In four cases brought by people who say their Christian beliefs prohibit them from providing services to same-sex couples, the European Court of Human Rights ruled today that their beliefs do not justify discrimination. The ruling upheld British laws which ban discrimination on the basis of sexual orientation. According to a press release from the European Parliament’s Intergroup on LGBT Rights:
In the first case, Lillian Ladele was a civil registrar in London. She was dismissed because she refused officiating at civil partnership ceremonies for same-sex couples after it became legal in 2005. She claimed she was discriminated because of her faith.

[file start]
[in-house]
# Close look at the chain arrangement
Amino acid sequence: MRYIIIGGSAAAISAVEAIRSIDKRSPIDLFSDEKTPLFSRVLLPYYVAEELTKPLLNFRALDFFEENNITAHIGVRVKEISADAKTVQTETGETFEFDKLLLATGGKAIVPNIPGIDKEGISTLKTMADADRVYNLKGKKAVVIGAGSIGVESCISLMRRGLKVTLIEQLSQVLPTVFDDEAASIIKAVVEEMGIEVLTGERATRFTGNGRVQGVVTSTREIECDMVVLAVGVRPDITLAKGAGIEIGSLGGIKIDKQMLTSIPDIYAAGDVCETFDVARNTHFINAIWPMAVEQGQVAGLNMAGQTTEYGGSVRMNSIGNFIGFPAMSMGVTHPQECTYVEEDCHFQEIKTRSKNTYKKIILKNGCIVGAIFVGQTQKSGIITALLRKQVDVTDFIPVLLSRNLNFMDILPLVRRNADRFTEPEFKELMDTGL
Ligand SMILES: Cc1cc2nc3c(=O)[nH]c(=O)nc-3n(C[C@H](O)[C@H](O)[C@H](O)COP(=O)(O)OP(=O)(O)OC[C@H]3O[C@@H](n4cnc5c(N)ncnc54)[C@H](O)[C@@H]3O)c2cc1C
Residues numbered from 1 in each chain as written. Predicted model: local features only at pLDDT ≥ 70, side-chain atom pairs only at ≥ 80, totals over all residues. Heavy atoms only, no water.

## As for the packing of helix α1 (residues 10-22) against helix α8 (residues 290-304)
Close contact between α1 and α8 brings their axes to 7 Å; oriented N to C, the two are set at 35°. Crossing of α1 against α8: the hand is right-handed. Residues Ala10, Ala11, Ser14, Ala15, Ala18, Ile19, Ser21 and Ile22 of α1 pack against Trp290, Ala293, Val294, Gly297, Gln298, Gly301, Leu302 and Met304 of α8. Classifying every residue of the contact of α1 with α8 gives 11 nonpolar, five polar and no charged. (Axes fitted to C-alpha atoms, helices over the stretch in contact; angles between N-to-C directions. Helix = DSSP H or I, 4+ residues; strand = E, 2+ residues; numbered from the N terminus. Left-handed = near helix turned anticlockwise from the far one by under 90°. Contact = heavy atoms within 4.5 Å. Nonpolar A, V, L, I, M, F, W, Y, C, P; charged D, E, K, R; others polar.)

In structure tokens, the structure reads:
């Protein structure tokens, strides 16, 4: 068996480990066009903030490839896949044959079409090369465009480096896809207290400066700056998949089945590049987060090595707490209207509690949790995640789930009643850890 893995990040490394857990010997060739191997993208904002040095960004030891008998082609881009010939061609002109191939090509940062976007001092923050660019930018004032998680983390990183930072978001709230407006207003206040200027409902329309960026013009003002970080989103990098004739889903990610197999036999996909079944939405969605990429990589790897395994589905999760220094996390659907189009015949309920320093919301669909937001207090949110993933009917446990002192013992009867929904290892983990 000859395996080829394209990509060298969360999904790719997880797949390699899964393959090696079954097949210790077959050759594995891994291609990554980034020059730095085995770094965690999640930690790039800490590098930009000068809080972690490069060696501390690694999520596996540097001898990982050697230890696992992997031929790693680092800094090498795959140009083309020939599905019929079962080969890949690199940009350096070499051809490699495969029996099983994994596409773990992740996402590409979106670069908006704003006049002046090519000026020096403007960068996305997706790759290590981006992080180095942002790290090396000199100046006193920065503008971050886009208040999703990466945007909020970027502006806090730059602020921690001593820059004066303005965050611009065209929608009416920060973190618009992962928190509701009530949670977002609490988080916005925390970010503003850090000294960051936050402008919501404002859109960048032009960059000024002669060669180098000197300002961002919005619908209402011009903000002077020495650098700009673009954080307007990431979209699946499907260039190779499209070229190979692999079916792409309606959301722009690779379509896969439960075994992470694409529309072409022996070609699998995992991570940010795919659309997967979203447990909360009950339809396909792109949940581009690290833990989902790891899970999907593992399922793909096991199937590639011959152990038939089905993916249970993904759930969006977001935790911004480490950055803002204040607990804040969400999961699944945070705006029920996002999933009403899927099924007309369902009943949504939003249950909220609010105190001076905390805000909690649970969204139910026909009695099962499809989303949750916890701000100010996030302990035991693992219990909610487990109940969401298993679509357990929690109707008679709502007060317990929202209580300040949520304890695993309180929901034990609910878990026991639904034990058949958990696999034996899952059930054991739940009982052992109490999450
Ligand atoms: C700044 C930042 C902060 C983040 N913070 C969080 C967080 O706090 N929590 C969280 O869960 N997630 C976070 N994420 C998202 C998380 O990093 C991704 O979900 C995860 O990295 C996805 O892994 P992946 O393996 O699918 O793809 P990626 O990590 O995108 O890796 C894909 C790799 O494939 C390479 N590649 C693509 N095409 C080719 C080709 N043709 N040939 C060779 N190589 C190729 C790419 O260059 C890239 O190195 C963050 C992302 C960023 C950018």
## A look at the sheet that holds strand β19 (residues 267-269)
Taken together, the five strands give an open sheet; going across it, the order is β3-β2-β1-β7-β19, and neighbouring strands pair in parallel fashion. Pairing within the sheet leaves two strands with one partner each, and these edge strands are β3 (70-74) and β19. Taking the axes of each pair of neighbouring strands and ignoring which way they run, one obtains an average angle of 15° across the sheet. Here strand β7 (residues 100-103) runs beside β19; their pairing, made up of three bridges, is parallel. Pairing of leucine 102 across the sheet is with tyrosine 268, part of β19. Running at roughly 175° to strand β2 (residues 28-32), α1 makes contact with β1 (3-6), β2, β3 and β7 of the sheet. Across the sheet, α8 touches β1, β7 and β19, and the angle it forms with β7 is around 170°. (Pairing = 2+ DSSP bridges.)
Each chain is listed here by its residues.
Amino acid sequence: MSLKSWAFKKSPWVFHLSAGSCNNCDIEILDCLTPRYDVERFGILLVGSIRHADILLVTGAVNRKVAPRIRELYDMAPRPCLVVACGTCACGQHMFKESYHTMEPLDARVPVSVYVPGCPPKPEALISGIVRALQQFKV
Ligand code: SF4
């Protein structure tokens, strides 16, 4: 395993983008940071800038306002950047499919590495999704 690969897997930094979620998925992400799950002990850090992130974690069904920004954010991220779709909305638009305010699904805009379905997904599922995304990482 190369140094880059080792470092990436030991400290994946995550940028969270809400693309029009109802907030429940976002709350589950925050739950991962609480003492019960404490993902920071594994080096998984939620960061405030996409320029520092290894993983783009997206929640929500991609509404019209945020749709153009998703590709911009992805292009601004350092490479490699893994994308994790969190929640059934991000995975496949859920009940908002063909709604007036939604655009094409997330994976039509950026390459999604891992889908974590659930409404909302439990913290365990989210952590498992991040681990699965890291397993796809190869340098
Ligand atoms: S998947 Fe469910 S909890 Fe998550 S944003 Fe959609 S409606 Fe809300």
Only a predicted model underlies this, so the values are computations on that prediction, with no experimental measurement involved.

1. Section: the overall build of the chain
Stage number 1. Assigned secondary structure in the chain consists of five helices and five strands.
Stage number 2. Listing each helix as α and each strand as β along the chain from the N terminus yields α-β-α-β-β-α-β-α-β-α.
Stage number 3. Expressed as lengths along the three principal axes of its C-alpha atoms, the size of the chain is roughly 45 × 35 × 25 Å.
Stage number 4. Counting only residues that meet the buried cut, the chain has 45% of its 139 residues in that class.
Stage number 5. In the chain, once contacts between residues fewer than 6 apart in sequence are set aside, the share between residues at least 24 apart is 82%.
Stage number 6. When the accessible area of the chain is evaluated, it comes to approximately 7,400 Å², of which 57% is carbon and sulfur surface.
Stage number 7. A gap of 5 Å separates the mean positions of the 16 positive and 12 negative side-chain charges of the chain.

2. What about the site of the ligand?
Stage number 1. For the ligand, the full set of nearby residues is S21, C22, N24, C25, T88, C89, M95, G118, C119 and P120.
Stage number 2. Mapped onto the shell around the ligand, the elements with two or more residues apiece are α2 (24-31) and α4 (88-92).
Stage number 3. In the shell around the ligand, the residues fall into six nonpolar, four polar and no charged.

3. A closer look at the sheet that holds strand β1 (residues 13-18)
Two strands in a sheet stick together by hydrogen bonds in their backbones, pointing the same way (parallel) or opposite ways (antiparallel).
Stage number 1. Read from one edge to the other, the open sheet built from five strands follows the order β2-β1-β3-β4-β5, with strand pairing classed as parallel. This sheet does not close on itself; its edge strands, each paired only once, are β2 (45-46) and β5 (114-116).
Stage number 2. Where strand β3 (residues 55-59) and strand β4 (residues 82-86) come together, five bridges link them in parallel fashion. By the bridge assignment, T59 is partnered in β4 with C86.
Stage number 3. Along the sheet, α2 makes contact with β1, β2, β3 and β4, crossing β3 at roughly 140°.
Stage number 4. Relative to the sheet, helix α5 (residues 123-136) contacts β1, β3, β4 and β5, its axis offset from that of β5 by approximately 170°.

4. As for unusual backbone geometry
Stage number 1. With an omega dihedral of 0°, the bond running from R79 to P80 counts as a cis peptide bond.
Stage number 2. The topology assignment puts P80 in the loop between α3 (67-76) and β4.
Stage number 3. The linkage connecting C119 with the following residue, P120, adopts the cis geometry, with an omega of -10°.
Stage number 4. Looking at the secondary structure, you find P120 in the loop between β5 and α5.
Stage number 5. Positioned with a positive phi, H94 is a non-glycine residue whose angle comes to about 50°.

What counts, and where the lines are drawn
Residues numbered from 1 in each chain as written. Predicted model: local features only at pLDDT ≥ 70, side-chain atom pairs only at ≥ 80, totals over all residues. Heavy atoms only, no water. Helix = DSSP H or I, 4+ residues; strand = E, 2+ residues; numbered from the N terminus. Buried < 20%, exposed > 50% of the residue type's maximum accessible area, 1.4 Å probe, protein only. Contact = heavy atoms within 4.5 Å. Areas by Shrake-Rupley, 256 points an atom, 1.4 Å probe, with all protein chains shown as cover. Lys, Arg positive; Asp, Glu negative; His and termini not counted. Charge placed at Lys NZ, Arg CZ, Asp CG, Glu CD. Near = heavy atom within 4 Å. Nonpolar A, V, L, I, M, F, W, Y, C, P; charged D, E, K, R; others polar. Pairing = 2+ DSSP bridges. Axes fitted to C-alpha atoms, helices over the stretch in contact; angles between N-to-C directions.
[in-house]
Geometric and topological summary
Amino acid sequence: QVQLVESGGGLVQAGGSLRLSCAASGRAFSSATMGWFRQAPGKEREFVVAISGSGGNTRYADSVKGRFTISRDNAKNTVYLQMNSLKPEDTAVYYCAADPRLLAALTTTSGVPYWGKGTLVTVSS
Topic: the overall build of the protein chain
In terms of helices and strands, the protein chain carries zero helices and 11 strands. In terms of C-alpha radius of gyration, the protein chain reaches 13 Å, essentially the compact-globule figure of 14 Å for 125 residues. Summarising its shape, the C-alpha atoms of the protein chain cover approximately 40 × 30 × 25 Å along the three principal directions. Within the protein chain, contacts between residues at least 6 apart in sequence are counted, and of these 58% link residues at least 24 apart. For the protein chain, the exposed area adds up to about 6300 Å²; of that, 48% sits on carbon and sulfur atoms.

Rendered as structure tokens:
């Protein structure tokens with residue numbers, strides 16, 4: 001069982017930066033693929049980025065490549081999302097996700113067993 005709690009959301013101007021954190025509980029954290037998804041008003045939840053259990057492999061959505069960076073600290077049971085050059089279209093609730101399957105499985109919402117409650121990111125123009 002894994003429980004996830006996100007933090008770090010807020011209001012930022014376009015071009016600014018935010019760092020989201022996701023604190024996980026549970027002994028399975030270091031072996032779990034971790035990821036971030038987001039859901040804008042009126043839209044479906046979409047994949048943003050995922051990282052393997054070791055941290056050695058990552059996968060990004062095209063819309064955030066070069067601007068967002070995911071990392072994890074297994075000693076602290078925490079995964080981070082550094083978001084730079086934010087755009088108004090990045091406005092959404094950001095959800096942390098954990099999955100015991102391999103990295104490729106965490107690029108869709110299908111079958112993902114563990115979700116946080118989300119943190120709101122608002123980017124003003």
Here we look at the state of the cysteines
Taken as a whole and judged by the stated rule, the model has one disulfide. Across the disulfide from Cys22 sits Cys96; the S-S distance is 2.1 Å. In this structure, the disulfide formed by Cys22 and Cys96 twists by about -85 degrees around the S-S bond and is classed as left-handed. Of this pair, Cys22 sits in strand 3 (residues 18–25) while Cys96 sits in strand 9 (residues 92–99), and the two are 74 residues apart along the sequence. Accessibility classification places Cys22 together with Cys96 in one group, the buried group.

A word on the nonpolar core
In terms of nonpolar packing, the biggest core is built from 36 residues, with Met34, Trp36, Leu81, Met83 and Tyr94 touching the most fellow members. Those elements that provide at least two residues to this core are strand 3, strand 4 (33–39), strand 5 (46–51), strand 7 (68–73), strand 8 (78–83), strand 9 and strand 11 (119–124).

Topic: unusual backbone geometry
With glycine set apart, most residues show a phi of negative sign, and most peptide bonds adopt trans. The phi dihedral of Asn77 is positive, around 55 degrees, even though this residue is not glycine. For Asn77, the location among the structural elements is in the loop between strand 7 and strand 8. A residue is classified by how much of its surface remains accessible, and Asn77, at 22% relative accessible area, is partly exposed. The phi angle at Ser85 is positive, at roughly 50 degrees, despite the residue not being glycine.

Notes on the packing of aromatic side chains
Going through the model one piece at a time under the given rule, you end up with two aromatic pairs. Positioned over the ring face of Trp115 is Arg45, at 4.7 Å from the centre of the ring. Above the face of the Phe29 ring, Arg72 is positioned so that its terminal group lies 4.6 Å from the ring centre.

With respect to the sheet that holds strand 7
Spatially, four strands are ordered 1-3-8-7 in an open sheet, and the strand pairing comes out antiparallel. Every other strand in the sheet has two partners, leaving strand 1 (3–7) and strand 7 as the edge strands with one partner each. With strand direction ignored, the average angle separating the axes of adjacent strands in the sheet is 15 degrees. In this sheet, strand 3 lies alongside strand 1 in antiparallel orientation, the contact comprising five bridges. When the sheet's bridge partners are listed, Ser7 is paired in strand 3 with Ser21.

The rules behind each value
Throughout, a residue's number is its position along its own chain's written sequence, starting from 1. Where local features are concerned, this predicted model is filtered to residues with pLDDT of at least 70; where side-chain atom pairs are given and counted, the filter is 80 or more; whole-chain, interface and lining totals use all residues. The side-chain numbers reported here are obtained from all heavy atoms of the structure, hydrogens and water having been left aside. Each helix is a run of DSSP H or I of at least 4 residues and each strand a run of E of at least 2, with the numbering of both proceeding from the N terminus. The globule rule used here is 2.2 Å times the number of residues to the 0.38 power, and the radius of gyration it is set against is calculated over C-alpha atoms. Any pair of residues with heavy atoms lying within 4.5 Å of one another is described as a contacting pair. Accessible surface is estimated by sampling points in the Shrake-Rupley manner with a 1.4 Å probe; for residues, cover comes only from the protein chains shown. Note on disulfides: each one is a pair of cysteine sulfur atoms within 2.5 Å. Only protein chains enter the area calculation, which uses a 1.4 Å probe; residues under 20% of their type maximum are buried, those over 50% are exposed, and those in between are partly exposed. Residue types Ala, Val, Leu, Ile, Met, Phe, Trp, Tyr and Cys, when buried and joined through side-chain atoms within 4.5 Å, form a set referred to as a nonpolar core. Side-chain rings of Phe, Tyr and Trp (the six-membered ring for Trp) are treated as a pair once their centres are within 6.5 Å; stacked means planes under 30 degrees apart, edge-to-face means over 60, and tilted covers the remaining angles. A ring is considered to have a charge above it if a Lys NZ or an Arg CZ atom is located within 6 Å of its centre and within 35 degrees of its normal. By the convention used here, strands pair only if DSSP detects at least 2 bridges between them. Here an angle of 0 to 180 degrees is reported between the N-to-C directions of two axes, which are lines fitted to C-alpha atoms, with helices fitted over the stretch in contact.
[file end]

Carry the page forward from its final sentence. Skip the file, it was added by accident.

The Court ruled there had been no discrimination, and that British courts—who upheld her dismissal—had struck the right balance between her right to freedom of religion, and same-sex couples’ right not to be discriminated.
In the second case, Gary McFarlane was a counsellor providing psycho-sexual therapy to couples. He was dismissed for refusing to work with same-sex couples, arguing this was incompatible with his beliefs. The Court ruled unanimously that there had been no violation of his right to freedom of belief.
The ruling may be appealed within the next three months.
Update: Arizona-based Alliance Defending Freedom (formerly Alliance Defense Fund) is mentioned in the official ruling (PDF: 515KB/53 pages) as a third party intervener.